It has to be said too, that “return” is always a tricky conversation in government agencies. There is the expectation that heads will be nominated to roll when an investment is made. I think though, that this makes it easier for us – we don’t have to propose disruption, we don’t have to propose transformation – we just have to propose slightly better. It actually means that continuous improvement is where we should work – the only trick then is tracking it so the total impact of what we’ve done doesn’t get lost.

We’ve got a problem in records. It’s that we’re not considered investment grade. Until we are, we’re going to keep getting underfunded, keep getting passed over for “data” projects and keep being ignored in favour of the latest shiny toy. When executives know they can come to us with $1 and get $1.50 back though – there won’t be anything in the world that stops them from giving it to us.

Those people complaining about the clunky records system – do they want it to be easier or better?

In every system, we get to make a design choice – do we make it easier or better?

It’s the iphone question. When the first iphone was released, it was not easier to use than a nokia and it’s still not. Nokia – unlock, dial, call – simple. So who wants to go back to that easier model? Who even really thinks about a phone as a device for calling now? What people wanted was better.

When we always assume people want easier, we leave a massive opportunity on the table – the opportunity to make the system better.

Most people I talk to think it’s easier that users want. They talk about user complaints about clunky interfaces and how hard it is to get people to use it – because of the clunky interface. The simple truth is that if the interface doesn’t do anything they care about, it isn’t going to matter how easy we make it, and people don’t care about records.

The other problem is that the largest barriers to making a system “easy” are imposed by us. We don’t really want to make a system easy – if we did, the first thing we would do is abandon FAT classifications and let users organise their information for their own convenience. Records systems get much easier with no structure, no governance and no controls applied (even if it’s eventually a total mess), but I find few people who are willing to compromise like this.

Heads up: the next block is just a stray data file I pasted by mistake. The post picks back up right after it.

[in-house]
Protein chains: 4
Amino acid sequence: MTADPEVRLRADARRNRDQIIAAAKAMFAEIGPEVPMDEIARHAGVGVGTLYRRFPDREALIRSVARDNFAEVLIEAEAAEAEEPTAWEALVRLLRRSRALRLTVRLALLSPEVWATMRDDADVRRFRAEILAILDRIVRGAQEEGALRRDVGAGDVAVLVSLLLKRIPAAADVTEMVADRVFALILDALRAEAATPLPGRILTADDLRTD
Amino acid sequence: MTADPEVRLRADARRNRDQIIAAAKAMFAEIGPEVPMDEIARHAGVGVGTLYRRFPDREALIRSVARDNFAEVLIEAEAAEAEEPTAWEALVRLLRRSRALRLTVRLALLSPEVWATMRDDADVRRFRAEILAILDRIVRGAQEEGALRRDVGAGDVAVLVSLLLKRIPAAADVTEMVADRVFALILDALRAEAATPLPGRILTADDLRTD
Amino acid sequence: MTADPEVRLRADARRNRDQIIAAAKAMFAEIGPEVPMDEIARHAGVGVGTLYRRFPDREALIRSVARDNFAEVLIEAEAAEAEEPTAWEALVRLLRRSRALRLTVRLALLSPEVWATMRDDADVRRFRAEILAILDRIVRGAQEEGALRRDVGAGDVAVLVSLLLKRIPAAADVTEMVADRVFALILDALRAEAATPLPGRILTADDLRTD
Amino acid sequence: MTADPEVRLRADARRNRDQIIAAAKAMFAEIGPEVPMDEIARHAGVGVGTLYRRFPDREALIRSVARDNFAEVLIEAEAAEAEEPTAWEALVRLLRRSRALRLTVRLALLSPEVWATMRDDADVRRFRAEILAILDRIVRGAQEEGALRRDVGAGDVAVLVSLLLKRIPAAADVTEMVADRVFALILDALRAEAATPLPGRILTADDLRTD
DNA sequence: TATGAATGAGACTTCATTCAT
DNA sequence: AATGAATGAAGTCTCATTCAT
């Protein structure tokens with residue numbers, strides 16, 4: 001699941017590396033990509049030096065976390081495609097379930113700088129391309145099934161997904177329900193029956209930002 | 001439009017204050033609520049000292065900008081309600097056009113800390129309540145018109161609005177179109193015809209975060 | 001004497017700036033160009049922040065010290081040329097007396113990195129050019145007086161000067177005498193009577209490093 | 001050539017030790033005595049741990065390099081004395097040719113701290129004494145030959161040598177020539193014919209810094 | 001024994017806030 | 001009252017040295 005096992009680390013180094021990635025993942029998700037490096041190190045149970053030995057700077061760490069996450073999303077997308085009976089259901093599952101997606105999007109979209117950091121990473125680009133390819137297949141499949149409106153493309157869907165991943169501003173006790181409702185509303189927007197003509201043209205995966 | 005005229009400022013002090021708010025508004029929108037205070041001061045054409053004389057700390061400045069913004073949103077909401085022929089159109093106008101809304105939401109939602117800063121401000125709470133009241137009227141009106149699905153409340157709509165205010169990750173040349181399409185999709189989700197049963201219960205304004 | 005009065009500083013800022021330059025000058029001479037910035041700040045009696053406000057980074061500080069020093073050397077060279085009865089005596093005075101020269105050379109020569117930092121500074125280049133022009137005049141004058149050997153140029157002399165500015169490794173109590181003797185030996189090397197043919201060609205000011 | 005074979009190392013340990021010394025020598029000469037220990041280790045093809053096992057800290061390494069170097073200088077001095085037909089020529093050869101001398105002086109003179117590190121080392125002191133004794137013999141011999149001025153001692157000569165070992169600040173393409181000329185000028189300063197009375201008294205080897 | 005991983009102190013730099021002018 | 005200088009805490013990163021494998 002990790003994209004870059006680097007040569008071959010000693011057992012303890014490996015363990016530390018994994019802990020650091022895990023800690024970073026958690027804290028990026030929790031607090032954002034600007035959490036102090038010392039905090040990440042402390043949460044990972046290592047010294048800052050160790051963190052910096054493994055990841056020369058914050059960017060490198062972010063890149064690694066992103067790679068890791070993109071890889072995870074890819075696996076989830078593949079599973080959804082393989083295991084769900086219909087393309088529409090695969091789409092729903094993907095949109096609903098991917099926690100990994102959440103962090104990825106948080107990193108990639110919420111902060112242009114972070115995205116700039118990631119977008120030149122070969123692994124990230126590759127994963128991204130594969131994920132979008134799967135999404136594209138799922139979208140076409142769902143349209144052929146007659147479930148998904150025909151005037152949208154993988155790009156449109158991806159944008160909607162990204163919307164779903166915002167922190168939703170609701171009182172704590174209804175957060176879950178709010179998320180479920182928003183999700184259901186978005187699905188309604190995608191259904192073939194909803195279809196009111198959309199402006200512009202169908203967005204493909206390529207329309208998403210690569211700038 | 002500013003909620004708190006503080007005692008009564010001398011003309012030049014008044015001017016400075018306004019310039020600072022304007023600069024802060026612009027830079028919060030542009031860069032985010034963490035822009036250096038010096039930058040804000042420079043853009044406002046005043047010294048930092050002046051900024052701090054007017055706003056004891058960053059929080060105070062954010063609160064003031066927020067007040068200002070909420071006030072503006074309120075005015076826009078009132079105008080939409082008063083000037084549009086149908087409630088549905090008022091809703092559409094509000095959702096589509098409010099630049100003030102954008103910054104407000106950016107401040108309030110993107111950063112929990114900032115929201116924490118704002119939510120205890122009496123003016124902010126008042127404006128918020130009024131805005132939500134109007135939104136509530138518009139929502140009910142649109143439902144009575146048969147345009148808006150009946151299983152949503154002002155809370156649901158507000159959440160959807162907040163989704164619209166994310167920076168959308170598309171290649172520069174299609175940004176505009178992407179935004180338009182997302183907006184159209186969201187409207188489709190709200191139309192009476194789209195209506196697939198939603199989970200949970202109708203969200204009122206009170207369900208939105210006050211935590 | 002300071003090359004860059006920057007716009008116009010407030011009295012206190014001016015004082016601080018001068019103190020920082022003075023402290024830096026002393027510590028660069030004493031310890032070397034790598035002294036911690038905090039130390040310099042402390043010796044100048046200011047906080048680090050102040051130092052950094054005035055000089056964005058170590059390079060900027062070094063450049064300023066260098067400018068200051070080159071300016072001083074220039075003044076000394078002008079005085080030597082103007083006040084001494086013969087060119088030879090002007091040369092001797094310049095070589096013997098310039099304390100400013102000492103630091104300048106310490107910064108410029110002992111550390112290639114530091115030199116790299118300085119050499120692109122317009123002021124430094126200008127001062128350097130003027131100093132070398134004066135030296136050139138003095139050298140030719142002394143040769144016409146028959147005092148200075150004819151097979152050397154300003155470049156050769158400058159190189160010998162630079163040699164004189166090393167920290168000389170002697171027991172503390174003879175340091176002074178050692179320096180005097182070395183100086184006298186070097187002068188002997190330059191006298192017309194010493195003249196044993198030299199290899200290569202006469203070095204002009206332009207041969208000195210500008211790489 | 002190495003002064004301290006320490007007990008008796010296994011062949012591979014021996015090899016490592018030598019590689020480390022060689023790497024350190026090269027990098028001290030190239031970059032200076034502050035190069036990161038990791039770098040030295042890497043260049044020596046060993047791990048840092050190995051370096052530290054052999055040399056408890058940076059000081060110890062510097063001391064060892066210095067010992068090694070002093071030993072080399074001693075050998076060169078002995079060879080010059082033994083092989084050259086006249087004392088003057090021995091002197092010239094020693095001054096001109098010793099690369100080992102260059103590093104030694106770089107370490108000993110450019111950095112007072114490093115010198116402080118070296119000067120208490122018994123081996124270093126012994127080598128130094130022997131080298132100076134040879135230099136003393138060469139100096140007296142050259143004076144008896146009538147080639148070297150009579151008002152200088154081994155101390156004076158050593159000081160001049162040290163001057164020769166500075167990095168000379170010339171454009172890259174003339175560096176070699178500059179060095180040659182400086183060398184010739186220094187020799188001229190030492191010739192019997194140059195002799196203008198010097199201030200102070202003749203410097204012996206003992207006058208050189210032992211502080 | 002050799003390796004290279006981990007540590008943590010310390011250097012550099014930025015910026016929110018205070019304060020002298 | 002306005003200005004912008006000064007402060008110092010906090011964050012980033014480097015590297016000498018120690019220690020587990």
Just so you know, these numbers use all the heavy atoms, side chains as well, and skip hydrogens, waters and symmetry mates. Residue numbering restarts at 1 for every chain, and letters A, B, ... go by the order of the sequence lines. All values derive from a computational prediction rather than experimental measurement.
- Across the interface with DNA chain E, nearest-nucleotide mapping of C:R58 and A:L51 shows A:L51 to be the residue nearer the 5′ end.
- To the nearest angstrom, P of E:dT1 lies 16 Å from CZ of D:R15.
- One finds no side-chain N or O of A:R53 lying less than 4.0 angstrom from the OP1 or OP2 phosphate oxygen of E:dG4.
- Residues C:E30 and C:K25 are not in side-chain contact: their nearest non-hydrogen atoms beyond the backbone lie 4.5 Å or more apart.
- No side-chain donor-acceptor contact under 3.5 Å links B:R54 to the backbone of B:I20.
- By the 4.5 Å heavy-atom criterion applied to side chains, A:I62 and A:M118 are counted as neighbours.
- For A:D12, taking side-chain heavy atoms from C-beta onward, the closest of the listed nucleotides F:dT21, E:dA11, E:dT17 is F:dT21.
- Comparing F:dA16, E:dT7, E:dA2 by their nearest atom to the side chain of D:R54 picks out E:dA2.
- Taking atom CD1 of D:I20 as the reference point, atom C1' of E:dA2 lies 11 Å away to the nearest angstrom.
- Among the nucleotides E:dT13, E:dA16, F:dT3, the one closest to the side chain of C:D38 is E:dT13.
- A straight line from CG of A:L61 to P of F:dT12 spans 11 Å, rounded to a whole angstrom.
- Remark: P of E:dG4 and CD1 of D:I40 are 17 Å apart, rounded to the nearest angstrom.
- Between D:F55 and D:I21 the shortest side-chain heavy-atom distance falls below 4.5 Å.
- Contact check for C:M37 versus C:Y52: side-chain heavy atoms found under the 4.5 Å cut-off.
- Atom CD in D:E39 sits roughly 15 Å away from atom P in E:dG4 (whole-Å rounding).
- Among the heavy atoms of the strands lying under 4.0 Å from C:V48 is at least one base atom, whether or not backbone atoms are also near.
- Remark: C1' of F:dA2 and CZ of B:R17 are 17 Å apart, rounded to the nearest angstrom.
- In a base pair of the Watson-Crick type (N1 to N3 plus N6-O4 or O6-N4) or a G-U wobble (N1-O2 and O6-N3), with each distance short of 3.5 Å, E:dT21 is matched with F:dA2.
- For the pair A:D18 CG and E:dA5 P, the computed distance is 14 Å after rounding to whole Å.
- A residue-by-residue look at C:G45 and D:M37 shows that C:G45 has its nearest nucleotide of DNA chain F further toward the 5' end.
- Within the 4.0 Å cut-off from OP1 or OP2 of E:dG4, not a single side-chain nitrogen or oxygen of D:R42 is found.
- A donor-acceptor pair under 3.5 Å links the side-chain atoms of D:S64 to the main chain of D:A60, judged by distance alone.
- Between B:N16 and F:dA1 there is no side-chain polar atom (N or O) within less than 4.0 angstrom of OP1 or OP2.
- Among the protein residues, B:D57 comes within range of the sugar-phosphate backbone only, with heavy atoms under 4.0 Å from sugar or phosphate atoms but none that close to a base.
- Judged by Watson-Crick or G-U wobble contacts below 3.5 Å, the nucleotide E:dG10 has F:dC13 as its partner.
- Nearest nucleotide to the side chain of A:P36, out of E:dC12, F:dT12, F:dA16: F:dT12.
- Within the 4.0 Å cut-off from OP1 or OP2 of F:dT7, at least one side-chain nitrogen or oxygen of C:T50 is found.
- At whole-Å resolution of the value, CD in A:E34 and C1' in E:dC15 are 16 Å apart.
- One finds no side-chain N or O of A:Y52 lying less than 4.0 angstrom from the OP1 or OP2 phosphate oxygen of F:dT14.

I think this unwillingness to compromise has lead to where we are now – a place where we take really seriously the idea that users would just use a records system if it was easy enough. The truth is that it doesn’t matter how easy we make make records systems because records is our job, not theirs, and they only care about their job, if we don’t give them a way to do their job better in the records system, they’ll continue to not want to use it.

So there’s only one definition of a better records system that makes sense.

“A better records system helps a user do a better job at their job.”

Better is what makes people go to the gym, it’s what makes them go to university, it’s what makes them apply for more difficult jobs – and it’s what can get them to use records systems, no matter how many additional milliseconds each click takes.

6 Questions to ask if your records system isn’t valued in your organisation.

There could easily be hundreds of questions in this post, here are 6 that I think are important.

1. Whose job does the system automate?

Most records systems only automate one job – ours. If it’s only making our life easier we’re losing a valuable opportunity to give business users another reason to use a system that will inherently be less friendly than the average file server.

2. How many people use the system to organise and drive their work?

People love systems that make their work form an orderly queue. If you can make your records system perform this function, people will pretty quickly feel like they can’t live without it. If you don’t provide this, people will invent it for themselves, somewhere else.

3. How much of a barrier to easy system usage have we put up?

In records, we LOVE metadata. How we capture it though, can create a significant barrier for users. A user who gets a project plan delivered to them with 37 documents in it, who then has to select from one of 25 record types and populate 11 pieces of mandatory metadata for each is unlikely to use the system for very long. This doesn’t mean that we shouldn’t do it, it does mean that we should weigh the value of each piece of metadata against the drop off in usage that capturing it will cause.

4. Does your business classification scheme match the way people organise their work and think about their jobs?

This is related to point 1. If people can’t see their job in the classification system, you’re fighting with how they want to organise their work, and you’ll lose. People will struggle with how to add information to the system, then they’ll struggle with how to find it. Eventually they’ll keep working data somewhere that makes sense to them, and eventually they’ll stop using the records system.

This does present a bit of a quandary for records managers. Function-Activity-Classification is an important part of standards compliance and an accepted part of records doctrine. I also think it’s partly responsible for many failed records programs.